Starbucks (left) and the front of the church (right) with sign for Bank Underground
At Christmas time God and Mammon declare a truce. So, no better time to visit Nicholas Hawksmoor’s awe-inspiring Baroque masterpiece, St Mary Woolnoth (by Bank station) which only exists because of compromises made with Commerce as can immediately be seen along one of its side walls (left) which has a Starbucks fitted into it – yes, a Hawksmoor Starbucks. In another bit of privatisation, part of its churchyard was sold off long ago to the City Corporation so the Lord Mayor could build his official residence, the Mansion House there. But the biggest compromise was in 1897 when, having survived several attempts to pull it down, the church was faced with the City and South London Railway which wanted to demolish it to build Bank station. Permission was granted and it was only saved by massive public opposition. The result was a deal: the crypt was sold and now actually forms part of the station while the church was underpinned with steel girders making it stronger than before. You can see part of the old crypt ceiling above the lifts near the exit to the station. Its luck held out in the Second World War. It was the only City church to escape unscathed.
If this leads you to belief St Mary’s has been endowed with a special kind of grace, you would not be far wrong. John Newton, a former captain of slave ships was the pastor here for 27 years from 1780 where he wrote a hymn called Amazing Grace chronicling his conversion, one of the most popular on the planet. His tub-thumping evangelical Calvinism attracted such big crowds that they sometimes swapped him for another less charismatic preacher to deter too many worshippers from coming. The clock on the side of the church has a walk-on part in the Waste Land by T S Eliot (who worked at nearby Lloyds Bank): “To where St Mary Woolnoth kept the hours / With a dead sound on the final stroke of nine.”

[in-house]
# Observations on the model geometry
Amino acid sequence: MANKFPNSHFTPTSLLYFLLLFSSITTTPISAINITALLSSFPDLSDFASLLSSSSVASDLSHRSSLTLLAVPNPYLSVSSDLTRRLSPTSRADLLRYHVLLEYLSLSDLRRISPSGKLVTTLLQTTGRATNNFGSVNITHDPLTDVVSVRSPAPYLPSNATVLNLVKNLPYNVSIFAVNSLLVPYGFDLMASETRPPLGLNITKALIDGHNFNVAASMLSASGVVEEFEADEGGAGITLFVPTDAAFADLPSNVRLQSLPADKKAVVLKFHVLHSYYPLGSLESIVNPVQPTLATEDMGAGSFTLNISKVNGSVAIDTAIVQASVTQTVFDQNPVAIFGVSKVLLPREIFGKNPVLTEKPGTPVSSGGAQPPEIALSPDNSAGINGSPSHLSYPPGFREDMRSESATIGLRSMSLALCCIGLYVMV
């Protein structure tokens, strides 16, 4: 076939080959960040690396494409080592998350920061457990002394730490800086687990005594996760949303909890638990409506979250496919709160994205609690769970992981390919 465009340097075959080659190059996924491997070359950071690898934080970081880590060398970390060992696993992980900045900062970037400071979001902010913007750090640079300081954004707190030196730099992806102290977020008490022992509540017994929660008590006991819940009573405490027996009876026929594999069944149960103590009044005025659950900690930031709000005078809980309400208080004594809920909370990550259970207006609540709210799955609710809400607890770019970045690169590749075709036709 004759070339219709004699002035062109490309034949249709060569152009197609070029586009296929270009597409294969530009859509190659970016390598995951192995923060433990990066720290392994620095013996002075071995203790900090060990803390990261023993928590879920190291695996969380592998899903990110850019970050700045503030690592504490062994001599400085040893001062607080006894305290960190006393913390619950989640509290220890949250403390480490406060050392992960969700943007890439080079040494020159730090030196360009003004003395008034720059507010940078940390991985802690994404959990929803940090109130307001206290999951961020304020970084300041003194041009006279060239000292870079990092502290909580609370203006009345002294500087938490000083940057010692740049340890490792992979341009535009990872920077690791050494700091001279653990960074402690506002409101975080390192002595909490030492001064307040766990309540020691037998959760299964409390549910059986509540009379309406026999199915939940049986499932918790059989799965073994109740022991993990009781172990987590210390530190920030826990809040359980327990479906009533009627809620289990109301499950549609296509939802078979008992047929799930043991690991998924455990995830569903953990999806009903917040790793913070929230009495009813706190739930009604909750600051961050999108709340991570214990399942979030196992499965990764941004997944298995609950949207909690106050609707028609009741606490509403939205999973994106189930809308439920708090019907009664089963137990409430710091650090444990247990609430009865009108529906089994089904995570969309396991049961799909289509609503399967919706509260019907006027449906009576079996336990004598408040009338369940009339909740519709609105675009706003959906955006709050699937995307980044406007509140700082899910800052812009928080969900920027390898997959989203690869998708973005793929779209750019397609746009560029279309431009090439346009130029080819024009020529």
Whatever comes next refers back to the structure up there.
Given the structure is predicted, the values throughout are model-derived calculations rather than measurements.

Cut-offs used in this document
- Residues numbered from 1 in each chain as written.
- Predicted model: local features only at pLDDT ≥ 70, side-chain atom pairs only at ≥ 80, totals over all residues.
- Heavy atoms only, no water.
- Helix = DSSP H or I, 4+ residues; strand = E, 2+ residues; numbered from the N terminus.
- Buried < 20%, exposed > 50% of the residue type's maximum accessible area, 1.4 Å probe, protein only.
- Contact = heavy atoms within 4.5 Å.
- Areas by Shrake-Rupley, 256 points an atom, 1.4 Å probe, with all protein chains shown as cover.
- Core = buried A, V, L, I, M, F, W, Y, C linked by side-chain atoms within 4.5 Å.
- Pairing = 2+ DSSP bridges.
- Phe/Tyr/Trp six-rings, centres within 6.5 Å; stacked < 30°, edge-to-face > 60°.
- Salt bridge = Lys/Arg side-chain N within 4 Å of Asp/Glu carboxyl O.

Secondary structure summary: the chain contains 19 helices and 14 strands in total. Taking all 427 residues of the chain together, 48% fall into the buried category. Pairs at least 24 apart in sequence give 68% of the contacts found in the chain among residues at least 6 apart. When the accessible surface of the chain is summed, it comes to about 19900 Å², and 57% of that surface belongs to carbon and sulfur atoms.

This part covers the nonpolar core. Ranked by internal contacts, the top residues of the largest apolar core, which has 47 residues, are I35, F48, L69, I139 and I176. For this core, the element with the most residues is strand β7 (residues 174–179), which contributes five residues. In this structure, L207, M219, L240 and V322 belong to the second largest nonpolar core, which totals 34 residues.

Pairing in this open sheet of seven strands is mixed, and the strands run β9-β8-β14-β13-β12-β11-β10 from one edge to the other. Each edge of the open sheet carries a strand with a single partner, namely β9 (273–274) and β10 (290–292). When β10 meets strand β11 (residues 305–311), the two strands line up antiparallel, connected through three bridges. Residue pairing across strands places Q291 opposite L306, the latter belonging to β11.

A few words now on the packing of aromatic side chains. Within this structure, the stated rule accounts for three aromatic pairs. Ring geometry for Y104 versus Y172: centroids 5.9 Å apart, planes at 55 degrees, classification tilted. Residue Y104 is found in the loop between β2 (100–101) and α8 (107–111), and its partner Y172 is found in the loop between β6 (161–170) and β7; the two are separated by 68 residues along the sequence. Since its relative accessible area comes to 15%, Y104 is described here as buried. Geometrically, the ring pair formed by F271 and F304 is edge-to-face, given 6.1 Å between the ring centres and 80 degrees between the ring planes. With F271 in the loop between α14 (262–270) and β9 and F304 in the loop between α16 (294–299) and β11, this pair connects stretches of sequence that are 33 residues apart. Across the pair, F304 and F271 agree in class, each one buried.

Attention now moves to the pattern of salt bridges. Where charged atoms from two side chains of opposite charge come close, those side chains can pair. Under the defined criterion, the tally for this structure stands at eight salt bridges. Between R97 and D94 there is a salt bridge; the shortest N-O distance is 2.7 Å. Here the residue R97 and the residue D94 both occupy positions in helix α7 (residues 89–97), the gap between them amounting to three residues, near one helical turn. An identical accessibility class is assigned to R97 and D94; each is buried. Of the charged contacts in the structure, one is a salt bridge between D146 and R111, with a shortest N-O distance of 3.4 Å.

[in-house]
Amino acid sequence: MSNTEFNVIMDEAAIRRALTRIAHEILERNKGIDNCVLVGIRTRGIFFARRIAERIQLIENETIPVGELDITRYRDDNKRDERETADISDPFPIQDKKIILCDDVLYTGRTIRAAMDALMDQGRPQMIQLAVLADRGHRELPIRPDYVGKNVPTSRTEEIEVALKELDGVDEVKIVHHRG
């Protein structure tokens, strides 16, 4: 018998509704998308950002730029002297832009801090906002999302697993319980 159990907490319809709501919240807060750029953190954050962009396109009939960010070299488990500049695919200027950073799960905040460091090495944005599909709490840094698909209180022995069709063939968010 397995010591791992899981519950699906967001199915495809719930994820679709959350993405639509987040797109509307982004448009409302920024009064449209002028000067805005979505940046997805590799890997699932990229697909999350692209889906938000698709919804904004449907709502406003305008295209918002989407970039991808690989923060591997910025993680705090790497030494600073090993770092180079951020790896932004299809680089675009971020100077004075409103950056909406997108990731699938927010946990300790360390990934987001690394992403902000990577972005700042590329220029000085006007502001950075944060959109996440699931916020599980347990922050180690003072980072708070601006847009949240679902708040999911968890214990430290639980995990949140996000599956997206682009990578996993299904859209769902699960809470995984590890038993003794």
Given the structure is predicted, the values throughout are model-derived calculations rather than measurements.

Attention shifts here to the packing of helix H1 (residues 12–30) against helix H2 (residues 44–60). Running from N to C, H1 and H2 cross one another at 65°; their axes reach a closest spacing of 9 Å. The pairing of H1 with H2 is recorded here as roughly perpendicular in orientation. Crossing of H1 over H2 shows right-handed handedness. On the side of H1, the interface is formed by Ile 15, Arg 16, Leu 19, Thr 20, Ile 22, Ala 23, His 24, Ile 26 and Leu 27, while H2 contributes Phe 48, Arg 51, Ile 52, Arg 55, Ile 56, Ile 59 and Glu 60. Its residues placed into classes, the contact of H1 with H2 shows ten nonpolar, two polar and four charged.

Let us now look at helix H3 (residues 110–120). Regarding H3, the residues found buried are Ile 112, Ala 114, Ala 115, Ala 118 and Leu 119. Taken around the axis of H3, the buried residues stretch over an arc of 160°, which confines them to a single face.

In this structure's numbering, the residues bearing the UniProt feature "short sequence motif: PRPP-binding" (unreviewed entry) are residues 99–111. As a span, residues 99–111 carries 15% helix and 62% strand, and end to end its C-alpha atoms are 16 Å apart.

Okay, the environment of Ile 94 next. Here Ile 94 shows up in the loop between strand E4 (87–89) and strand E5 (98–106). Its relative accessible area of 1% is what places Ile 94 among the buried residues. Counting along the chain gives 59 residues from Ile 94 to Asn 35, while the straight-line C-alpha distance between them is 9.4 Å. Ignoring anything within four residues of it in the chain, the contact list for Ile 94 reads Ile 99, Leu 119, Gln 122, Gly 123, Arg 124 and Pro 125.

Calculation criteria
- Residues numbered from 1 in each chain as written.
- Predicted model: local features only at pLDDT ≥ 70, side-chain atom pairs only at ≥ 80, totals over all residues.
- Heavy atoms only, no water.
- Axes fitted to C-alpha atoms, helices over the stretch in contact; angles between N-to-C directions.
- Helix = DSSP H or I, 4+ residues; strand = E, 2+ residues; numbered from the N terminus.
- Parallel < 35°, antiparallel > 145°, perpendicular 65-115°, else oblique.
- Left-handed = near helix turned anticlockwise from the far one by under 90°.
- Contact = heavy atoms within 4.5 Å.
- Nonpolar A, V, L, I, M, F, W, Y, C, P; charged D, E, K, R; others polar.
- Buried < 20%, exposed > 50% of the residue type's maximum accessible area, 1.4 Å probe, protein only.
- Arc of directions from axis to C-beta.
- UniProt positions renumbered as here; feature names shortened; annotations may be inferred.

The church itself has charisma bordering on the sublime. Outside, it looks like a Greek temple sitting on a sculptural base with angular parallel lines that wouldn’t look out of place at Tate Modern. At the top there are two archways – leading it seems to a free fall – which look like eyes watching over the City, balm to Hawksmoor’s psycho-geographic disciples who read mystical interpretations into practically anything he has built. This is no ordinary church having been a place of worship going back 2,000 years to pagan times.
Inside, you are struck by four sets of Corinthian columns laid out as triplets in what Ian Nairn described as “a square within a square . . where space is made so tangible that you can experience for the price of a bus ticket to the City, the super-reality of the mystics”.
The church is built on an impossibly small triangle of land between two City streets with brutalist skyscrapers blocking what once must have been a magnificent setting. But once you push open its formidable doors you enter a different world that hasn’t changed for hundreds of years. Mammon is nowhere to be seen. Leave email on left of screen to receive new posts 2 or 3 times a month
Panoramic view of the inside of the church showing three of the four groups of Corinthian columns
My Twitter name is @vickeegan